By running this out of a four-receiver set, Arizona is able to put more speed on the field than we would normally see with a tight end running one of those routes.
The result is that their receivers are able to find open field before the post-snap coverage rotation is able to get into place and Murray has easy reads at all three levels and is able to complete the 23-yard pass before the pressure gets to him.
Defending Kyler Murray
Kyler Murray, and how head coach Kliff Kingsbury can use him, poses a whole different set of problems for a defense.
Most of the discussion about him is centered on his ability to extend plays or run the read-option, but Arizona has many more options with him. That was put on display in one particularly jarring play against the Bengals.
The Cardinals once again use a 4-receiver look to spread the Bengals' defense out and concentrate defenders on the strong side of the offense.
They called several wide receiver screens earlier in the game and this looked like another one on first and 10.
Instead, the receiver throws the back to Murray in what winds up being a screen to the left side of the field. It is a decision rarely (if ever) seen at the NFL level and takes advantage of Murray's rare athleticism in a unique circumstance.
If the play had been a bit better timed and the throw a bit better, this could have gone for much more than five yards. The only defense against a play like this is discipline on the part of the defense.
How The Giants Can Respond
There is much more to the Cardinals' offense than these two plays, and it would be a mistake to overlook them or view them as a gimmick.
It is very possible that we will see things we have only rarely seen at the NFL level and they will attack the Giants' defense in ways it might not be able to handle well.
If they use their 4-wide package, it will force the Giants into a personnel bind.
Both the Giants' linebackers and secondary have been vulnerable in coverage this year, and their base nickel set could see them matching a linebacker up on a receiver like Larry Fitzgerald or a running back like David Johnson or Chase Edmunds – both of whom are very dangerous receivers.
They could try to play a lighter personnel package such as a dime look with six defensive backs on the field. That comes with concerns as their depth is young and unproven. But it also has a couple of potential upsides.
There basically isn't any tape of the Giants' defense with Julian Love on the field, which would give the Giants an edge and an element of surprise. He is an unknown quantity as the Giants try to convert the former cornerback to safety, and therefore offenses don't know his tendencies.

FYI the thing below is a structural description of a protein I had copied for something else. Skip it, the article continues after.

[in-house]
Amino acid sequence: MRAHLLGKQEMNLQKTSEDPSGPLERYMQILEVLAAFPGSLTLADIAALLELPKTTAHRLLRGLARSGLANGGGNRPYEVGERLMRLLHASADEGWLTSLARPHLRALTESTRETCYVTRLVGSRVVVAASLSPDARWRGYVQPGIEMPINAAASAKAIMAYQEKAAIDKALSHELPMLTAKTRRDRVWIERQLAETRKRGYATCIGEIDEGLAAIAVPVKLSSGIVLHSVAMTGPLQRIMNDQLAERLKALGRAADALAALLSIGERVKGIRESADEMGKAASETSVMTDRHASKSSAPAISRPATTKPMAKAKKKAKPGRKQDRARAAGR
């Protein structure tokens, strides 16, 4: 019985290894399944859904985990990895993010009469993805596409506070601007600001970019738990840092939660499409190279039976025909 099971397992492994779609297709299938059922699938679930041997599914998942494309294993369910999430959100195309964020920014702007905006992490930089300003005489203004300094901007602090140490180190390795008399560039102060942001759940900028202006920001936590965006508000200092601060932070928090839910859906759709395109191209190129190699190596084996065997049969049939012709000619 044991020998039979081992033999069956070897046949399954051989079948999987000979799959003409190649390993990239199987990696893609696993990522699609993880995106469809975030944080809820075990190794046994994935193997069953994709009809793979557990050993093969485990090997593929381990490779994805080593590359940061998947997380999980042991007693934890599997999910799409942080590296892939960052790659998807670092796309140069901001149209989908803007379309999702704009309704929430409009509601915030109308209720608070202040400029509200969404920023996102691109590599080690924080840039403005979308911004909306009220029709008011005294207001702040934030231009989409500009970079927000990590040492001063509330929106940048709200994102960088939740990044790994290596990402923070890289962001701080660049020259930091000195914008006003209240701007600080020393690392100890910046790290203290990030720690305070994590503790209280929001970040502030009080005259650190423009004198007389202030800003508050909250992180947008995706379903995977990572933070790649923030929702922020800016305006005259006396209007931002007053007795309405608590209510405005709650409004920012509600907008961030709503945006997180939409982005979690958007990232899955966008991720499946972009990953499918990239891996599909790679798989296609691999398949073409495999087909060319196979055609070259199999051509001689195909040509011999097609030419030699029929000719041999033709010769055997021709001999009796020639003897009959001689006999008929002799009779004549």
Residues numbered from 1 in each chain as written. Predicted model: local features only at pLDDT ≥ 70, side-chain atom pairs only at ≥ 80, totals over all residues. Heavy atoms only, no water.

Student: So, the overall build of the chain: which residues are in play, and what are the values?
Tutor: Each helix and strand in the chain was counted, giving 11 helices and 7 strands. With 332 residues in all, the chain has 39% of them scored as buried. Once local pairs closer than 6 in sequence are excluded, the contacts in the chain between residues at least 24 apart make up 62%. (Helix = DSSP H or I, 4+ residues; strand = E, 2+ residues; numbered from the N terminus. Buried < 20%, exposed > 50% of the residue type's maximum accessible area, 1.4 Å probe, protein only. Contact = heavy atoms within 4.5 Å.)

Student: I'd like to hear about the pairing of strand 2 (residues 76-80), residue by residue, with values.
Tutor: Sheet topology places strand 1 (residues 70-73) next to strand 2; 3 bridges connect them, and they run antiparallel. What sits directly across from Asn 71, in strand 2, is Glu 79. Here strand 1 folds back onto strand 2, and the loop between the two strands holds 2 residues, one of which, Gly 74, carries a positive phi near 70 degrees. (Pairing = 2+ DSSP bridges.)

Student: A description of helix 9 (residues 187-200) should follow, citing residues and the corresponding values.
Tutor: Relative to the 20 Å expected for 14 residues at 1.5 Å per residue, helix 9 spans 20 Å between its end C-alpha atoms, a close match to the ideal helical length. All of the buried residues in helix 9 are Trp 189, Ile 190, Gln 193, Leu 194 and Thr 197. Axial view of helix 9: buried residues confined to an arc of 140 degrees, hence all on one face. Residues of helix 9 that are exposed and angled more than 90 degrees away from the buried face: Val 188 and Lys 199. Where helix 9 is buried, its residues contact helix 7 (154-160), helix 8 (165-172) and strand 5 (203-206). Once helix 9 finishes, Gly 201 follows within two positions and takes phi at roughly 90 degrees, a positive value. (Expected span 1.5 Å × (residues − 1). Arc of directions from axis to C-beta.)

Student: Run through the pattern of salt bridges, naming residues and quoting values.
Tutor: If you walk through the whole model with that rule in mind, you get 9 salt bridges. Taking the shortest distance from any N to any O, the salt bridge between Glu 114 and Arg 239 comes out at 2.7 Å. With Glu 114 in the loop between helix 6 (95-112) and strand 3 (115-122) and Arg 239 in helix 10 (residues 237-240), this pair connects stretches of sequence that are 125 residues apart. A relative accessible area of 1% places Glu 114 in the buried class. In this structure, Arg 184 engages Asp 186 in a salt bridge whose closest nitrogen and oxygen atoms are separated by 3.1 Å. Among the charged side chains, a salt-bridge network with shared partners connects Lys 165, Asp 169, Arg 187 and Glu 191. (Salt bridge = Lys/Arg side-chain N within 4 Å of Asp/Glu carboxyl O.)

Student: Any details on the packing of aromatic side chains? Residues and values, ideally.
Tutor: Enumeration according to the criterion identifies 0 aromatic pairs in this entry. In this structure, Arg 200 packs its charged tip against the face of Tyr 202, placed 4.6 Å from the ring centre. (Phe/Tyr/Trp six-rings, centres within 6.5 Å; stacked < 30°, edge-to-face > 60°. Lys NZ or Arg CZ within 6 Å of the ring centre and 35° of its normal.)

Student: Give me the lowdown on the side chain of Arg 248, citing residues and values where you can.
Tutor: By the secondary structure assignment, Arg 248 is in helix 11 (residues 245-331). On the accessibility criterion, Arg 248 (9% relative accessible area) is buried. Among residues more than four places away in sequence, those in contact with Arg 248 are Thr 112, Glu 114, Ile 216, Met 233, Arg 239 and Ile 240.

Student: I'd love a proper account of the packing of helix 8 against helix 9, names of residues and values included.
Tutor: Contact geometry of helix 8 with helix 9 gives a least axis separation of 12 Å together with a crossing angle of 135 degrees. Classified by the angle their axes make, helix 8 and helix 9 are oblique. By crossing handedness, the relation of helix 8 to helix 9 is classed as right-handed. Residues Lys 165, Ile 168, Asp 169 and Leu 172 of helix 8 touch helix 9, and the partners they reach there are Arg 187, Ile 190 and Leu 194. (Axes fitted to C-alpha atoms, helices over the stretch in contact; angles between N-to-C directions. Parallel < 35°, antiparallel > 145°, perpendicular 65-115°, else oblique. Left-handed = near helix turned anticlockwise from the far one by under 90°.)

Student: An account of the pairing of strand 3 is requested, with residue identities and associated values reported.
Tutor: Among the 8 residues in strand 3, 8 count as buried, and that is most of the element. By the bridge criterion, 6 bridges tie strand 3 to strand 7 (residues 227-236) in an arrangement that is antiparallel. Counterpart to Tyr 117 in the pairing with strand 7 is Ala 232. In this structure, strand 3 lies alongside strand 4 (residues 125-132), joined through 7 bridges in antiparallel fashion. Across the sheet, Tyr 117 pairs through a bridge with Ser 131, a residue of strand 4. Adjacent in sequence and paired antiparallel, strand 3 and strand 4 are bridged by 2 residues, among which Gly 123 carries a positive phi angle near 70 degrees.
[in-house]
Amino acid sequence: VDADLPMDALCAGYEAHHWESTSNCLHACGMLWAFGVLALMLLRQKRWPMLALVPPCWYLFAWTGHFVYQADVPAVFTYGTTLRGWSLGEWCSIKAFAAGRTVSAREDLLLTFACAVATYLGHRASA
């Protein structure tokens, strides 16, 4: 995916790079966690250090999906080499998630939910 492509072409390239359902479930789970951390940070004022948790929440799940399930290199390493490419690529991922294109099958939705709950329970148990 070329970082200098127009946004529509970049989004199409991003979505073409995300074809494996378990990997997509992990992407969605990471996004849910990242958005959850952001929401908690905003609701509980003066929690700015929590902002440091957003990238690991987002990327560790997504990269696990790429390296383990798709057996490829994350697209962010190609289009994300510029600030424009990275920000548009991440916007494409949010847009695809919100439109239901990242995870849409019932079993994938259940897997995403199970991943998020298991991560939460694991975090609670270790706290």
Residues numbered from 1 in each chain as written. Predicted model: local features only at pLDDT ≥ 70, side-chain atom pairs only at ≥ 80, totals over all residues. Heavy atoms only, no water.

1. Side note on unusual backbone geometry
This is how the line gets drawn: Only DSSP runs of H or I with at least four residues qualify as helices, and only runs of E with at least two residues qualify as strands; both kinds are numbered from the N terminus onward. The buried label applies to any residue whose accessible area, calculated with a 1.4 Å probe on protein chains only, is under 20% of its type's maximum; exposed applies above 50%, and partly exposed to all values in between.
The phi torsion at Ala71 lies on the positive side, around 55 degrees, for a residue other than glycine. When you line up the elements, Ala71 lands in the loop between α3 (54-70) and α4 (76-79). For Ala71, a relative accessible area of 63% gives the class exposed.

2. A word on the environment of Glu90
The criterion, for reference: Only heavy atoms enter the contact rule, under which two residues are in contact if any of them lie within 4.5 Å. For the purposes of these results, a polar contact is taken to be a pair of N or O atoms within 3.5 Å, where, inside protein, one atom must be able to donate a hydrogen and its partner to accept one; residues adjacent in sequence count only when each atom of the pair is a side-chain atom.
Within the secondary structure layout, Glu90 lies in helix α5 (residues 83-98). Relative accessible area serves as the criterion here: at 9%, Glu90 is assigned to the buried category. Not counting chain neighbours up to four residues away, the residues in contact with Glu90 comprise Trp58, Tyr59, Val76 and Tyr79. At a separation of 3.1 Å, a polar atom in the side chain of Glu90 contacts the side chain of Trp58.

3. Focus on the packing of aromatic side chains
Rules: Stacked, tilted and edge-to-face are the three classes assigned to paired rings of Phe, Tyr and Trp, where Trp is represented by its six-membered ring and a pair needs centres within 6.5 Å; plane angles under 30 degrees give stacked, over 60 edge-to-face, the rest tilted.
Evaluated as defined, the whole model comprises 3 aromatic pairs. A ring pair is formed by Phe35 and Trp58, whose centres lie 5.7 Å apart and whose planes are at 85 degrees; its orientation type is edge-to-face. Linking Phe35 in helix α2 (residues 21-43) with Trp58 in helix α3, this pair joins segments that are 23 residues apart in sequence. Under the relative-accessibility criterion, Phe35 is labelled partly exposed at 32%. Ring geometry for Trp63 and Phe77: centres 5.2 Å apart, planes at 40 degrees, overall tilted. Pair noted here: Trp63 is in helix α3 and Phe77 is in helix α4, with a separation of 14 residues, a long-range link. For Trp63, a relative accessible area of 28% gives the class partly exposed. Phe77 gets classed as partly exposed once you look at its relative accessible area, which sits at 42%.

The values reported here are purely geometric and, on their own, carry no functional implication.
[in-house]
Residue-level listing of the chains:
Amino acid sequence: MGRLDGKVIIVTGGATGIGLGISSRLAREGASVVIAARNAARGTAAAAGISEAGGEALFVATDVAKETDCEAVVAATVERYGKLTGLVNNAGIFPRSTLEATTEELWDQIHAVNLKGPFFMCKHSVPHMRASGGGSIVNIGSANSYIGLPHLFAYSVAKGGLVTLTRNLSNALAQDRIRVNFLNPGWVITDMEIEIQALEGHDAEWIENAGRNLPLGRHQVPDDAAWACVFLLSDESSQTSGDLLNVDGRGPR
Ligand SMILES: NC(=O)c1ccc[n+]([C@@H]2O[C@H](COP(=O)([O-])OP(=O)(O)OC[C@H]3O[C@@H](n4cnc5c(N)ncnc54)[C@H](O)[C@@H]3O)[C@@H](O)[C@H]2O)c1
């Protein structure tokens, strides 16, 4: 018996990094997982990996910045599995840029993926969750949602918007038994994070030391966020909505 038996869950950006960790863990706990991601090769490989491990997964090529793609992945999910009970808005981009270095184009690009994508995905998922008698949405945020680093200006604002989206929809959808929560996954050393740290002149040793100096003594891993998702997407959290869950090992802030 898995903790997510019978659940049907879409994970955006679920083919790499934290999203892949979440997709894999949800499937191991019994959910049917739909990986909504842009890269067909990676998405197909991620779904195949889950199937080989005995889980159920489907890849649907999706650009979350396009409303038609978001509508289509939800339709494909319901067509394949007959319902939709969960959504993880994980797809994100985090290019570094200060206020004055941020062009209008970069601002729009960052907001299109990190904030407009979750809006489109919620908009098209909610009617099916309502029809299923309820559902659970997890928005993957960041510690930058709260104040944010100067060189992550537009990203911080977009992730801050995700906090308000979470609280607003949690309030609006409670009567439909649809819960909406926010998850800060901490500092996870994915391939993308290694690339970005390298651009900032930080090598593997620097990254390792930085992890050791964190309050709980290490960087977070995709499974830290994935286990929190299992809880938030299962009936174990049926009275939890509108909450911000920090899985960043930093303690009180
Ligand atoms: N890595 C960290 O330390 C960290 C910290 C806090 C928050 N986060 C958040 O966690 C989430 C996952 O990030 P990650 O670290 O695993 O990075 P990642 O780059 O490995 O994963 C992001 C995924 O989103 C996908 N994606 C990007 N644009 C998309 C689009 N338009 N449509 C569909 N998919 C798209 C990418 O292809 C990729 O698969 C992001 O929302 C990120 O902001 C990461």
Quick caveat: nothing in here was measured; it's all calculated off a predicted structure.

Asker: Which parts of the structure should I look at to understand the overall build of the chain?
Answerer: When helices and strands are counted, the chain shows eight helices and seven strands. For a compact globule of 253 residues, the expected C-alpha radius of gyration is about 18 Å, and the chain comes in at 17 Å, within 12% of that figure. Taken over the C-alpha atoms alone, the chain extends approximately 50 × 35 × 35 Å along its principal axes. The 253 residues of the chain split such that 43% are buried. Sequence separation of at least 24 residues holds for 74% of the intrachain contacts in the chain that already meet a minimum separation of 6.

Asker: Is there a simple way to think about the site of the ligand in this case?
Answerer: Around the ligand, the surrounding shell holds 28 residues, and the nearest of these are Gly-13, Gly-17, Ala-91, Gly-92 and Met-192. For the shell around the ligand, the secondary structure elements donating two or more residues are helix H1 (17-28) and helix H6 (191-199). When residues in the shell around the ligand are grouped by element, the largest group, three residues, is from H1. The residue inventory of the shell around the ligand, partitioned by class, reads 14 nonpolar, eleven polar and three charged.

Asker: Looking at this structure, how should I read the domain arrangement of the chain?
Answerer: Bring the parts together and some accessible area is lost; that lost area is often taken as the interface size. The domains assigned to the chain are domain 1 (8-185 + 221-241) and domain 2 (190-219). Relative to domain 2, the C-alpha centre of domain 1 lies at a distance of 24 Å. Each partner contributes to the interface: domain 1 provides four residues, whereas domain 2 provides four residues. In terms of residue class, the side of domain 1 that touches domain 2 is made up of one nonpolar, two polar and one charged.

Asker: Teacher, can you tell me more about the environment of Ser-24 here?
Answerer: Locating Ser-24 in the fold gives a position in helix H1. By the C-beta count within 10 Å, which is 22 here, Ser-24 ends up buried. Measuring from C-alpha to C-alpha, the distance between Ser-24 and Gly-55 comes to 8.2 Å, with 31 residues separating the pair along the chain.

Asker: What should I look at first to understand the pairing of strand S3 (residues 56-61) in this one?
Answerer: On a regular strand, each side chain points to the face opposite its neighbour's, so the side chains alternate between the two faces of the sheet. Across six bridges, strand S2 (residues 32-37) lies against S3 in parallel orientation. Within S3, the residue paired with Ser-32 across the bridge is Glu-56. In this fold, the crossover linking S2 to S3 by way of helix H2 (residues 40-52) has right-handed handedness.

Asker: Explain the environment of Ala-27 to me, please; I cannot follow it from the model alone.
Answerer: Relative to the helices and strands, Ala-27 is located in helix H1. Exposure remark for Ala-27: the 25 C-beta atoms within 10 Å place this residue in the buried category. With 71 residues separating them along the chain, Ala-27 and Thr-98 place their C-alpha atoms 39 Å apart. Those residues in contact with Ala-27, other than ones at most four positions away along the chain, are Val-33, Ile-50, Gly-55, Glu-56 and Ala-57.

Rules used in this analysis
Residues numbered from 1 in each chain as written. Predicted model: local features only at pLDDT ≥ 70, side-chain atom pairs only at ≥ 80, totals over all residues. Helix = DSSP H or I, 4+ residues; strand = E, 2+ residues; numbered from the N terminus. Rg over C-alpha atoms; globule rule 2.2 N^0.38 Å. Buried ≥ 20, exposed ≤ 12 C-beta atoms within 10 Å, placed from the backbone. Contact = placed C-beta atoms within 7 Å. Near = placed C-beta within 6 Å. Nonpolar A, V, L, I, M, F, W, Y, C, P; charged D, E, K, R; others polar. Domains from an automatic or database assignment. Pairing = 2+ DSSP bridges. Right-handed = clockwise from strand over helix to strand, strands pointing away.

Also, having a safety/corner hybrid on the field with a safety/linebacker hybrid like Jabrill Peppers could give the Giants the speed, range, and versatility it needs to deal with Arizona's spread looks.
The Giants' best option is upfront where they must try to win the line of scrimmage quickly.
The Cardinals' offensive line has been poor outside of the play of former Giant Justin Pugh, and while their speed as a whole has been able to offset that liability, it doesn't completely neutralize it.
Murray has been sacked 21 times this season and hit even more. He has a rare ability to scramble and attack nearly any part of the field while throwing off-base, but pressure affects every quarterback. In the first play detailed, Murray is only just able to get the pass off before being hit.
Pressing the Cardinals' receivers at the line of scrimmage is difficult as they like to stack them and scheme free releases, but if the Giants are able to remain aggressive at the line of scrimmage, they might be able to disrupt Arizona's timing enough that they can get to Murray before he is able to extend the play or get the pass off.
The Giants' defense is going to have its work cut out for it, and their offense is going to have to put points of their own on the board. That being said, this should be a winnable game for the Giants if they are able to play disciplined and complementary football.